Following an announcement in Beijing that China's economy scored 6.9 percent growth in the January-March period from a year earlier, some of the Japanese media painted positive pictures with headlines saying that the growth exceeded the government's target and that slowdown of the Chinese economy clearly bottomed out. As if to refute such optimism, however, concerns are mounting in international financial circles that the present status of China's economy is getting ever closer to what had existed in the United States when it was hit by the crisis triggered by the collapse of Lehman Brothers in 2008.

An American analyst stationed in Beijing points to an extraordinary expansion of personal debt as a major risk to the nation's economy. After the economy started showing signs of a slowdown in 2014, the government took every conceivable step to revitalize the real estate market by easing housing loan regulations. As a result, housing prices in major cities have shot up — by 78 percent in Beijing and 50 percent in Shanghai compared with 2010 levels. Household debt meanwhile kept expanding to account for more than 30 percent of fresh lending in the latter half of last year, up sharply from around 15 percent previously.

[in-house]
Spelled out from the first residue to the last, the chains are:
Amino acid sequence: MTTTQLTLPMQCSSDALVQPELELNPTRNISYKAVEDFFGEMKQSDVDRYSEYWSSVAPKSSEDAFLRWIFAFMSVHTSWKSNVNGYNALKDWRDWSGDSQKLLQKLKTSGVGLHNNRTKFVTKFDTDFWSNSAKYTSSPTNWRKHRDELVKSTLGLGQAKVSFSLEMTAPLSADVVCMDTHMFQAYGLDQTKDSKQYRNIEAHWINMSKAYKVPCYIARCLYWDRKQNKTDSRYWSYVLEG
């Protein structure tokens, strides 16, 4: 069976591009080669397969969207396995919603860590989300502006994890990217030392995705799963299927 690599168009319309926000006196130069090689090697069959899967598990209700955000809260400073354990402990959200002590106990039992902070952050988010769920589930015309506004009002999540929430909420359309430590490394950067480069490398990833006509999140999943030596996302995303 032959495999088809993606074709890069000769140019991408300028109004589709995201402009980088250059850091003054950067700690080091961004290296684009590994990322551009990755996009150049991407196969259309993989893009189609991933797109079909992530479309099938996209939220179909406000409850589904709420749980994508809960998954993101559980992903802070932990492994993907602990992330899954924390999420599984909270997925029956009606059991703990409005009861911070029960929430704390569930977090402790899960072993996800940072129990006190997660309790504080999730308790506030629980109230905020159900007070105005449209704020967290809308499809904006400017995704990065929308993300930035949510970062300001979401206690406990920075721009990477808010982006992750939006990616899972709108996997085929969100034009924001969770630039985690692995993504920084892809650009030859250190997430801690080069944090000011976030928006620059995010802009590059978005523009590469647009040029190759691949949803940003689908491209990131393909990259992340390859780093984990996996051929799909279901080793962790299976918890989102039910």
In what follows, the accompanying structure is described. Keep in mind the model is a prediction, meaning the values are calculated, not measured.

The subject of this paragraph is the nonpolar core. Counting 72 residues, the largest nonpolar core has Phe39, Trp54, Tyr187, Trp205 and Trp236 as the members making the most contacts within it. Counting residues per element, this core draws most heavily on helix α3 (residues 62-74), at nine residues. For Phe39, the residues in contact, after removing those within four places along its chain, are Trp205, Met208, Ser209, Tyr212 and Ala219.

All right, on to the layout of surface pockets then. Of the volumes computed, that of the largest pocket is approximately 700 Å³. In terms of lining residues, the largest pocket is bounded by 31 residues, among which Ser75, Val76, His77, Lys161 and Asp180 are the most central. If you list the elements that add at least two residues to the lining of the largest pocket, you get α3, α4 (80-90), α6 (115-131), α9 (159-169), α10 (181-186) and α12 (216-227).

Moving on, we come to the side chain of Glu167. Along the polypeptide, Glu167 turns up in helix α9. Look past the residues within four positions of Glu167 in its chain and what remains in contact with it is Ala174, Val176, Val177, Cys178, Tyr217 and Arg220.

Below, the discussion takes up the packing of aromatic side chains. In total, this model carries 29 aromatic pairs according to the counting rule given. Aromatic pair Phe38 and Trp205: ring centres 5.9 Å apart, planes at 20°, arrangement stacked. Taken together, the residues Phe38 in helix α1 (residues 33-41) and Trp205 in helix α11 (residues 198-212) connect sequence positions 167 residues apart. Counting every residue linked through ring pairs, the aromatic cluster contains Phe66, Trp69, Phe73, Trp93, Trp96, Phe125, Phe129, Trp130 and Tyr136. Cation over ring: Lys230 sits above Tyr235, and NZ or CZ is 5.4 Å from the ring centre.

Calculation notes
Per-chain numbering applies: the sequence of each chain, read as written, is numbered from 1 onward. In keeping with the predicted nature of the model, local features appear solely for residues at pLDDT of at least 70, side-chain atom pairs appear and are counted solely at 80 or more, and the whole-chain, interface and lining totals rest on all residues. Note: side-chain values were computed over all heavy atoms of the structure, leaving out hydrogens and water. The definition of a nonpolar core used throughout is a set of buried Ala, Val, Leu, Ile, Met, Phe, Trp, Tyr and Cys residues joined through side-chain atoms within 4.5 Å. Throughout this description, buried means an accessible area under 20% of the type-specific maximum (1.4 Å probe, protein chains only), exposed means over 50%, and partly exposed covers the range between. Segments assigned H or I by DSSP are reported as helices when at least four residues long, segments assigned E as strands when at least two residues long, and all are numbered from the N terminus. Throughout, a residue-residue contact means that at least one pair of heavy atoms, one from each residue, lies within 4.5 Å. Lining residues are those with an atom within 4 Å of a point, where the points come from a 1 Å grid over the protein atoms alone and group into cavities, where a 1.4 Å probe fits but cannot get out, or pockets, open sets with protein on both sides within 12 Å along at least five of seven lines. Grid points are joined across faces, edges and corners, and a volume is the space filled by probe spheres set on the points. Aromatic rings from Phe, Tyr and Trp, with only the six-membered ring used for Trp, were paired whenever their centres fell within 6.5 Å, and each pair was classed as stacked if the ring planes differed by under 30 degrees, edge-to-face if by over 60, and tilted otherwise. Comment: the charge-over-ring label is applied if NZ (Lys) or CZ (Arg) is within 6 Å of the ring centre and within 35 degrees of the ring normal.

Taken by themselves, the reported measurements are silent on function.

A Japanese correspondent in Beijing sums up the situation by saying that the government is trying to shift the burden of keeping up the economy's growth from the debt-laden public and corporate sectors to households, by getting people to cough up their savings and spend more because the state-driven stimulus policies are nearing their limits. Consumers rush to real estate "because they have nothing else to buy," says the reporter, adding that some of the people he knows complain that they have a hard time going on a shopping spree overseas due to tightened controls on capital outflow since last year, while others say they want to buy real estate before prices get even higher.